Bond is­sue:

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An em­ployee walks past crude oil stor­age tanks at the Juaymah Tank Farm in Saudi Aramco’s Ras Ta­nura oil re­fin­ery and oil ter­mi­nal in Ras Ta­nura, Saudi Ara­bia. Saudi Aramco plans to tap the debt mar­ket in the sec­ond quar­ter to fi­nance the ac­qui­si­tion of petro­chem­i­cal gi­ant Sabic, likely is­su­ing its first ever in­ter­na­tional bond and dis­clos­ing its ac­counts in the process.

RIYADH: Saudi Aramco plans to tap the debt mar­ket in the sec­ond quar­ter to fi­nance the ac­qui­si­tion of petro­chem­i­cal gi­ant Sabic, likely is­su­ing its first ever in­ter­na­tional bond and dis­clos­ing its ac­counts in the process.

Saudi Ara­bian En­ergy Min­is­ter Khalid Al-Falih re­vealed the plan on Wed­nes­day in Riyadh, adding the com­pany wanted flex­i­bil­ity in fund­ing the Sabic deal, which could cost about US$70bil.

“The Aramco bond is prob­a­bly go­ing to be in US dol­lars,” Al-Falih said.

That debt sale would force the world’s largest oil pro­ducer to dis­close its ac­counts to in­vestors for the first time since its na­tion­al­i­sa­tion roughly four decades ago.

It would also have to make pub­lic de­tails about oil re­serves and op­er­a­tions. The king­dom took a first step in that di­rec­tion on Wed­nes­day by re­leas­ing the first au­dit of Aramco’s oil and gas re­serves since 1980.

The fund­ing pro­gramme “will be sus­tained over time as Saudi Aramco grows and un­der­takes its cap­i­tal pro­gramme,” Al-Falih said.

“We be­lieve that hav­ing bonds and com­mer­cial pa­per as one of its sources of cap­i­tal is pru­dent and nec­es­sary.”

The plans for the bond, first re­ported by Bloomberg News last year, come as the Saudi gov­ern­ment re­ac­ti­vates its plan to sell shares in the com­pany.

Al-Falih re­it­er­ated Crown Prince Mo­hammed Sal­man’s com­ments in 2018 that Riyadh is aim­ing for Aramco’s ini­tial pub­lic of­fer­ing in 2021. The king­dom had ini­tially tar­geted 2018.

Al-Falih didn’t dis­close the size of the po­ten­tial bond sale, but it could rank among the largest is­sued by a com­pany if Aramco plans to fi­nance a large chunk of the Sabic deal with it.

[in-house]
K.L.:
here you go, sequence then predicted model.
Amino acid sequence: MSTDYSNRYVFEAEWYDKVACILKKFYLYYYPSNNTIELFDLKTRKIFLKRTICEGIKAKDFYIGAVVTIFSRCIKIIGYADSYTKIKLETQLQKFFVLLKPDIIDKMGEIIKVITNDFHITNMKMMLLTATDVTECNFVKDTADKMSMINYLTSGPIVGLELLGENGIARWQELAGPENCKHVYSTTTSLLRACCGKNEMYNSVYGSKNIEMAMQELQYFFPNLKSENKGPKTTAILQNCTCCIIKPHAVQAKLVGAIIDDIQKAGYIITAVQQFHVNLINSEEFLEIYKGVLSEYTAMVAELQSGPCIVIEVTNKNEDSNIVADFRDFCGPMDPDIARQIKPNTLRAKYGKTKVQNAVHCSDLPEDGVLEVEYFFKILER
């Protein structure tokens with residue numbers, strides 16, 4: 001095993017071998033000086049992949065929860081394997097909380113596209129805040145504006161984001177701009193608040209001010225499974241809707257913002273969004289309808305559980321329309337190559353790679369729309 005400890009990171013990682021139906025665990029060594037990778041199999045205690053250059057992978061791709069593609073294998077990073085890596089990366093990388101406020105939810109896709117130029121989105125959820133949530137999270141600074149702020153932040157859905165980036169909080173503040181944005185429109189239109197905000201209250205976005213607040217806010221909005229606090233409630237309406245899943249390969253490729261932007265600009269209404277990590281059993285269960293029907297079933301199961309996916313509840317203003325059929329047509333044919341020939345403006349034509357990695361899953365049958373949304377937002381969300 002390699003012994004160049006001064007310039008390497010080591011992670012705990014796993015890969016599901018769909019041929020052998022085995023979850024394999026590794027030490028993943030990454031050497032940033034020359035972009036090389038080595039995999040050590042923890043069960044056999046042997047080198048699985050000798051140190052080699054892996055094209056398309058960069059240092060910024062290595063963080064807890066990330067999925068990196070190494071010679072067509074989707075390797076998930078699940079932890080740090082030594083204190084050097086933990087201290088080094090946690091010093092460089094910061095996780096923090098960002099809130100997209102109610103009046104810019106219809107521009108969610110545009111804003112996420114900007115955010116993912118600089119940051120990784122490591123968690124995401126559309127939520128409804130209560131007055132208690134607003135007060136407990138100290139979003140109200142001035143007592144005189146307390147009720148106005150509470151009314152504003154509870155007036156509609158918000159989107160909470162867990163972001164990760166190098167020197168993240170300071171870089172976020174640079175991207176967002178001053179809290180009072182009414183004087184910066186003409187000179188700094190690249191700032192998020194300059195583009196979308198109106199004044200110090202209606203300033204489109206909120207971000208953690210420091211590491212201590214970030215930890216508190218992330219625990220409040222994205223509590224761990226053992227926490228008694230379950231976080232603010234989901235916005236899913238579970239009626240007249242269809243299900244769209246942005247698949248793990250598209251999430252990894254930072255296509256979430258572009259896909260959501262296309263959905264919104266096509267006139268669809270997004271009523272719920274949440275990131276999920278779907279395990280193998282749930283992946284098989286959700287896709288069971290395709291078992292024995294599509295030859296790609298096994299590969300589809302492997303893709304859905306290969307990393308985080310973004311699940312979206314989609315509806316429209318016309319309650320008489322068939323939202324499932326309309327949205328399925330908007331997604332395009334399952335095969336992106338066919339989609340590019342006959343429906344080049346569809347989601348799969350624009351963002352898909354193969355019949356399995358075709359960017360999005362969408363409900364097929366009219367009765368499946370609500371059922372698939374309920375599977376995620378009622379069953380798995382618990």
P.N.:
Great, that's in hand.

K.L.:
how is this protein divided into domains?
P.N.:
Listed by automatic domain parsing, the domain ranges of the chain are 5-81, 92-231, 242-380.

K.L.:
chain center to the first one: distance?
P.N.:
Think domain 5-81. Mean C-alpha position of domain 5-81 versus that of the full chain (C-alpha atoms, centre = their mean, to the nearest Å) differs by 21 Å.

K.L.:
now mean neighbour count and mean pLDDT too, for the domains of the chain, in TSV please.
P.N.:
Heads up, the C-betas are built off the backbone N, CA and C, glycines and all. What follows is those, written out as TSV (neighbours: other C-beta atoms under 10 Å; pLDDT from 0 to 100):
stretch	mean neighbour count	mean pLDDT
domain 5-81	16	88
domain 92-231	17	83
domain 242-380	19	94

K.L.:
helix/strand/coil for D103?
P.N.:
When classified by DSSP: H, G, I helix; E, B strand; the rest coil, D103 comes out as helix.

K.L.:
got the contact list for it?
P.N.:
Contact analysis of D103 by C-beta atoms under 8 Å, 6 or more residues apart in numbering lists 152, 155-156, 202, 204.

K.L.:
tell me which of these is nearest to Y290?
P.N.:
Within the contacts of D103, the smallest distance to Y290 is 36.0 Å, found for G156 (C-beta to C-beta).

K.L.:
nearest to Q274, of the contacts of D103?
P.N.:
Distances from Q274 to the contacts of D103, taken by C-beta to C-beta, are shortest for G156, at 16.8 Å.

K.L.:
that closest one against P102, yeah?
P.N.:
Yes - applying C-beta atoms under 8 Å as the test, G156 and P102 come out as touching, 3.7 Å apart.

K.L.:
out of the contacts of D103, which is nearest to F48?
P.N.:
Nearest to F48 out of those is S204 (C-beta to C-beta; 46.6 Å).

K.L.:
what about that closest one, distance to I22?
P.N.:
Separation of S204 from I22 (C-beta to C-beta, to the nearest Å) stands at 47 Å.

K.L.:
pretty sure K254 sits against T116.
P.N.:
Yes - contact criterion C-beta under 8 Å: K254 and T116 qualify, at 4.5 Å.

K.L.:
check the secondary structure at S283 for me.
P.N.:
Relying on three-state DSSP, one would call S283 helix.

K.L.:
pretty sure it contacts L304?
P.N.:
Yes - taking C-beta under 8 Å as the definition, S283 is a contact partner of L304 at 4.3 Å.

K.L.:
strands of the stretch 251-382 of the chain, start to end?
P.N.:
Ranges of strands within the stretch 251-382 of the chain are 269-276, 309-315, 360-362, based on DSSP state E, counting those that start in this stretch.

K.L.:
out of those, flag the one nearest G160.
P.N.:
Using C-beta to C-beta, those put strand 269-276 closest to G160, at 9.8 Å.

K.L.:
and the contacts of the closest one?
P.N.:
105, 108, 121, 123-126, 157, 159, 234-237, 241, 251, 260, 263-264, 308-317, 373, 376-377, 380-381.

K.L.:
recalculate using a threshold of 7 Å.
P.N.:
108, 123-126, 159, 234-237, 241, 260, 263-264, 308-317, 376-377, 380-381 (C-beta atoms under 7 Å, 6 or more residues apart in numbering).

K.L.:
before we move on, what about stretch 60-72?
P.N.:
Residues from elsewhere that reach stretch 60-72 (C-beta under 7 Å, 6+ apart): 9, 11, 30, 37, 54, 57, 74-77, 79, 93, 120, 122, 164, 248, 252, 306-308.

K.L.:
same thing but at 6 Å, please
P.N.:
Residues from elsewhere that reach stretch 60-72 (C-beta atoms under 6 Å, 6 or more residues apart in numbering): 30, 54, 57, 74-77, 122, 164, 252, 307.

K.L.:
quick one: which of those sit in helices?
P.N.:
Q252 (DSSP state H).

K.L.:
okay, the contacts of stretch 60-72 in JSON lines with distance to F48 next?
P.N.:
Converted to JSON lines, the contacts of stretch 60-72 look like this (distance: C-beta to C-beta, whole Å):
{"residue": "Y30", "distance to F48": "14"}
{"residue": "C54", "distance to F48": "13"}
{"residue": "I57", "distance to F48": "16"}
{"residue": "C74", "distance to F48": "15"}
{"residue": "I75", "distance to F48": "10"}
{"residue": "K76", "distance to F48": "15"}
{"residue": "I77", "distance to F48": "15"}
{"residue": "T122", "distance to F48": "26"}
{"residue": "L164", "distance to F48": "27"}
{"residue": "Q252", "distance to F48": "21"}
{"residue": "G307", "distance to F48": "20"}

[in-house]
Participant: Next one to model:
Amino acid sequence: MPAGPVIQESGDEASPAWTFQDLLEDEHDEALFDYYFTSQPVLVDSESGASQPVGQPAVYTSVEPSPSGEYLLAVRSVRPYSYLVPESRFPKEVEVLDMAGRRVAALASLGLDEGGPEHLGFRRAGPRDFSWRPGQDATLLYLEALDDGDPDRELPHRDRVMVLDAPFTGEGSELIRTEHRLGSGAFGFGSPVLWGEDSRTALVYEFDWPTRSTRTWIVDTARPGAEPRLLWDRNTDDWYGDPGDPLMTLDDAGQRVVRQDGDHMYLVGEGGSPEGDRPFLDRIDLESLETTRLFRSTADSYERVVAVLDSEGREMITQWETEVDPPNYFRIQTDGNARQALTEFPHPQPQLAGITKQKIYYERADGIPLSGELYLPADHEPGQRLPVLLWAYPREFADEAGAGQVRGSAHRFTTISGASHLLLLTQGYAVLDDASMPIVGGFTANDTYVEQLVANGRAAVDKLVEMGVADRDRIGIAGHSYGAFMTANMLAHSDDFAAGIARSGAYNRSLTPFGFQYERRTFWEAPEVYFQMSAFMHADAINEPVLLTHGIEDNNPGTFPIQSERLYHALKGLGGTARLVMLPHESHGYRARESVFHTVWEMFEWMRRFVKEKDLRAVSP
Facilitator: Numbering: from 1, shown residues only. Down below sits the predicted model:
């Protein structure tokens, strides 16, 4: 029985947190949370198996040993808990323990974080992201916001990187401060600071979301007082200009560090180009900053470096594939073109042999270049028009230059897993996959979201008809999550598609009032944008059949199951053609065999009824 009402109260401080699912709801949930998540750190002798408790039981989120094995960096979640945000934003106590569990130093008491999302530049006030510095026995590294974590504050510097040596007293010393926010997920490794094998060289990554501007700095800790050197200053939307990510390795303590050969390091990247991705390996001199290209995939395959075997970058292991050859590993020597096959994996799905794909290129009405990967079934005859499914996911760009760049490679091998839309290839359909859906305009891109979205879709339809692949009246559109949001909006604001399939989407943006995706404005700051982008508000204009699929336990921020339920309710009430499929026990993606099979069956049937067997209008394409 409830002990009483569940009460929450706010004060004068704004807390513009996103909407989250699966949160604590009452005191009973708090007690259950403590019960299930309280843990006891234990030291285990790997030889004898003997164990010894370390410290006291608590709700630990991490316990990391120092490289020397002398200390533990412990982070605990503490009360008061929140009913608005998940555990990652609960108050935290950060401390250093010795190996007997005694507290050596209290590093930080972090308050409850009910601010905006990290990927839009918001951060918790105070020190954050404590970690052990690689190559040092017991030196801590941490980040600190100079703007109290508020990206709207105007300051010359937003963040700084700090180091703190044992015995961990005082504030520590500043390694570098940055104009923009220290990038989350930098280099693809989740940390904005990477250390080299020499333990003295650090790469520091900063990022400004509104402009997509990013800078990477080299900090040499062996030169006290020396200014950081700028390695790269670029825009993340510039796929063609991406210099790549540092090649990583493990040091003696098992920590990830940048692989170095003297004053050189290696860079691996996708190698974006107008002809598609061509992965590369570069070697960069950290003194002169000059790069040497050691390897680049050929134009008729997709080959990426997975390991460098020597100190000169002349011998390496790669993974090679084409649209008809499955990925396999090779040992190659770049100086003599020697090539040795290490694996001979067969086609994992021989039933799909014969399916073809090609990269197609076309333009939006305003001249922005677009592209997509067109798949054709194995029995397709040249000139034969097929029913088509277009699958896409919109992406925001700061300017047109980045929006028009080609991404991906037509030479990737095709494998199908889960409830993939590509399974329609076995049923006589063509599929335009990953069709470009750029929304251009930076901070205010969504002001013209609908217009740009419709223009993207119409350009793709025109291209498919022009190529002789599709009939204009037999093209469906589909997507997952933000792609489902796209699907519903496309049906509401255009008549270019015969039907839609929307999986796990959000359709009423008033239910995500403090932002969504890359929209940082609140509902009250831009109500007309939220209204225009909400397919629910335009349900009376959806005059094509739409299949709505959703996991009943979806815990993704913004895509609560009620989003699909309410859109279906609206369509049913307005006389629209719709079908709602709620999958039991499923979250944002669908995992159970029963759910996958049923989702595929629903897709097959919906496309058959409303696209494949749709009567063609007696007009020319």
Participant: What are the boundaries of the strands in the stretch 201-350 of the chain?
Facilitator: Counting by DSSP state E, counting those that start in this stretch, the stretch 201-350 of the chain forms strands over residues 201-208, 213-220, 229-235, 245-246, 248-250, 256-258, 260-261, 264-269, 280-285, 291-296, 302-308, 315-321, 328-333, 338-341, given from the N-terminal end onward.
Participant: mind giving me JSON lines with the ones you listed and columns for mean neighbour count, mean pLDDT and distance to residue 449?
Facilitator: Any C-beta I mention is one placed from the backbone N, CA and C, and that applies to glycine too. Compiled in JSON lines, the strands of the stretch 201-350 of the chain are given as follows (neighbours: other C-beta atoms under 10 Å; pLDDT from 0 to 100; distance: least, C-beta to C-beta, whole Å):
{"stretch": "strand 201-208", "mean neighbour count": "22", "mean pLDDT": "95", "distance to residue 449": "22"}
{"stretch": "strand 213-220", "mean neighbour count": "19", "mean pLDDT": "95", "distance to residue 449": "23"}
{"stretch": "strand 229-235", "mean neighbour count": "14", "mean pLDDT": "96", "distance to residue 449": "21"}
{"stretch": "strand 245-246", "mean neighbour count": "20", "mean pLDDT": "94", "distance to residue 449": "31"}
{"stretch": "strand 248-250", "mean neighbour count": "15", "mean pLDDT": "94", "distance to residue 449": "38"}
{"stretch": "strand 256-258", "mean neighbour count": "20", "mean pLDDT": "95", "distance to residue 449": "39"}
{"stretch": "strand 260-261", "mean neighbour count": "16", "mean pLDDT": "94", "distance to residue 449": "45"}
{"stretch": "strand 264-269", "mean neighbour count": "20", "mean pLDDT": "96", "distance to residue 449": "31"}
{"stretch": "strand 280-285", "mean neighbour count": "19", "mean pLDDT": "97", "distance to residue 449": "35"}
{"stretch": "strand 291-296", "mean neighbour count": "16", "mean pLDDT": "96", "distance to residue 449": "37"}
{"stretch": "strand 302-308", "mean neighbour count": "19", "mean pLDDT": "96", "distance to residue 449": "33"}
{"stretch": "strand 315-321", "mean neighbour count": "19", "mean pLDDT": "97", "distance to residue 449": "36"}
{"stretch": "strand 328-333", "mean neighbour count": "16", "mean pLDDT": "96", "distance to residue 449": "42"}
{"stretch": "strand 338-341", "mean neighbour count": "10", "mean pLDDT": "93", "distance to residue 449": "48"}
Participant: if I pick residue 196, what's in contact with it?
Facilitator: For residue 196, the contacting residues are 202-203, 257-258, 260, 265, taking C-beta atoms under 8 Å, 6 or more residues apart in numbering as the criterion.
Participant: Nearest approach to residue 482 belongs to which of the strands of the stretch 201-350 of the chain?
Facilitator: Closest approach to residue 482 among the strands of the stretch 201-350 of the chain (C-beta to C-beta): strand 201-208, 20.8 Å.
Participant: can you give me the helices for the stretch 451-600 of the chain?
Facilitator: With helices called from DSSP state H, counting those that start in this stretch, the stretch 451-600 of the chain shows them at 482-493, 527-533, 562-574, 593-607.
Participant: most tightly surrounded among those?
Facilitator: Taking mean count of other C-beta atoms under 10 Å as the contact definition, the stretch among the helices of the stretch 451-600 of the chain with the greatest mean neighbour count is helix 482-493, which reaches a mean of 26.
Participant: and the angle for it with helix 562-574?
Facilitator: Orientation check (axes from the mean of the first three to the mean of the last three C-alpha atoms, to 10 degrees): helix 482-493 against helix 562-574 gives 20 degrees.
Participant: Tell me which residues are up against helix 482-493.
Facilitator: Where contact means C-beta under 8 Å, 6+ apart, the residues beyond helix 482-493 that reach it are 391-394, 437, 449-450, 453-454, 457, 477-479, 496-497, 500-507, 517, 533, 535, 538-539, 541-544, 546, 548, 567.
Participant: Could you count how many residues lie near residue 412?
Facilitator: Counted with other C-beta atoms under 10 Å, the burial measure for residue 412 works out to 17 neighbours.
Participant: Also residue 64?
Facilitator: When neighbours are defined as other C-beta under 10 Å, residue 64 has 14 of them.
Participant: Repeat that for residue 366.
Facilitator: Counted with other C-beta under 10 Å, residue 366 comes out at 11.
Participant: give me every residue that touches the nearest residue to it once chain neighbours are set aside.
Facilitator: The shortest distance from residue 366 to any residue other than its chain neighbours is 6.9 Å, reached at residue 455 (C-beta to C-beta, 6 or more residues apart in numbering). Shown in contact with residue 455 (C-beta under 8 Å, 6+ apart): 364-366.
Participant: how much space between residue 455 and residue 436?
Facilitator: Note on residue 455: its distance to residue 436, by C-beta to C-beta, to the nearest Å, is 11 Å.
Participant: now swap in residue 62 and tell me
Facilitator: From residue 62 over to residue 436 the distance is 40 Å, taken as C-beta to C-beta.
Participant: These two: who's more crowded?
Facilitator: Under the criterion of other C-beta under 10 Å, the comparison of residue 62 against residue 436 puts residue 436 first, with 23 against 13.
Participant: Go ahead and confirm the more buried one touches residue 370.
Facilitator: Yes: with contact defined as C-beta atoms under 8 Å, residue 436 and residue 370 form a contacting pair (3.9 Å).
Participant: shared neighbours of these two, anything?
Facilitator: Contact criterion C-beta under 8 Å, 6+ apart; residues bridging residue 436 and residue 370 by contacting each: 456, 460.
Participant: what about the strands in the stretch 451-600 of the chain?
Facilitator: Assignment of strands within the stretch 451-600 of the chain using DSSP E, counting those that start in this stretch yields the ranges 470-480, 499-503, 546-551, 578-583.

Ver­i­zon Com­mu­ni­ca­tions Inc raised US$49bil in the largest ever cor­po­rate bond sale in 2013 to buy Voda­fone Group Plc’s stake in its cel­lu­lar phone unit.

Anheuser-Busch InBev NV took out US$46bil in 2016 to fi­nance the takeover of SABMiller Plc.

Al-Falih played down chat­ter in the mar­ket that Aramco would fund the en­tire US$70bil Sabic deal with the bond of­fer­ing.

“It’s not go­ing to be any­where near the num­ber that’s been ru­moured,” he said.

The bond, likely to be com­bined with banks loans, would al­low state-owned Aramco to pay the king­dom’s sovereign wealth fund for its 70% stake in Sabic.

In turn, the Pub­lic In­vest­ment Fund would ob­tain the money it had ini­tially hoped to raise from the Aramco IPO.

Aramco has lots of room to bor­row money as it’s vir­tu­ally free of net debt, ac­cord­ing to ac­counts ob­tained by Bloomberg News for the first half of 2017. At that time, the com­pany had about US$20bil of bor­row­ings, off­set by US$19bil of cash and equiv­a­lents.

Aramco has so far largely avoided bond mar­kets, re­ly­ing al­most ex­clu­sively on its own cash or bank loans. The clos­est it has come to is­su­ing debt was when it raised 11.25 bil­lion riyals (US$3bil) in a de­but lo­cal cur­rency Is­lamic bond sale.

The prospec­tus for the 2017 of­fer­ing didn’t in­clude any fi­nan­cial in­for­ma­tion, ac­cord­ing to a copy of the doc­u­ment re­viewed by Bloomberg News.

“We will work with our ad­vis­ers and find the right time to go to mar­ket and part of that would be a prospec­tus that would have ap­pro­pri­ate fi­nan­cial state­ments and dis­clo­sures,” Al Falih said.

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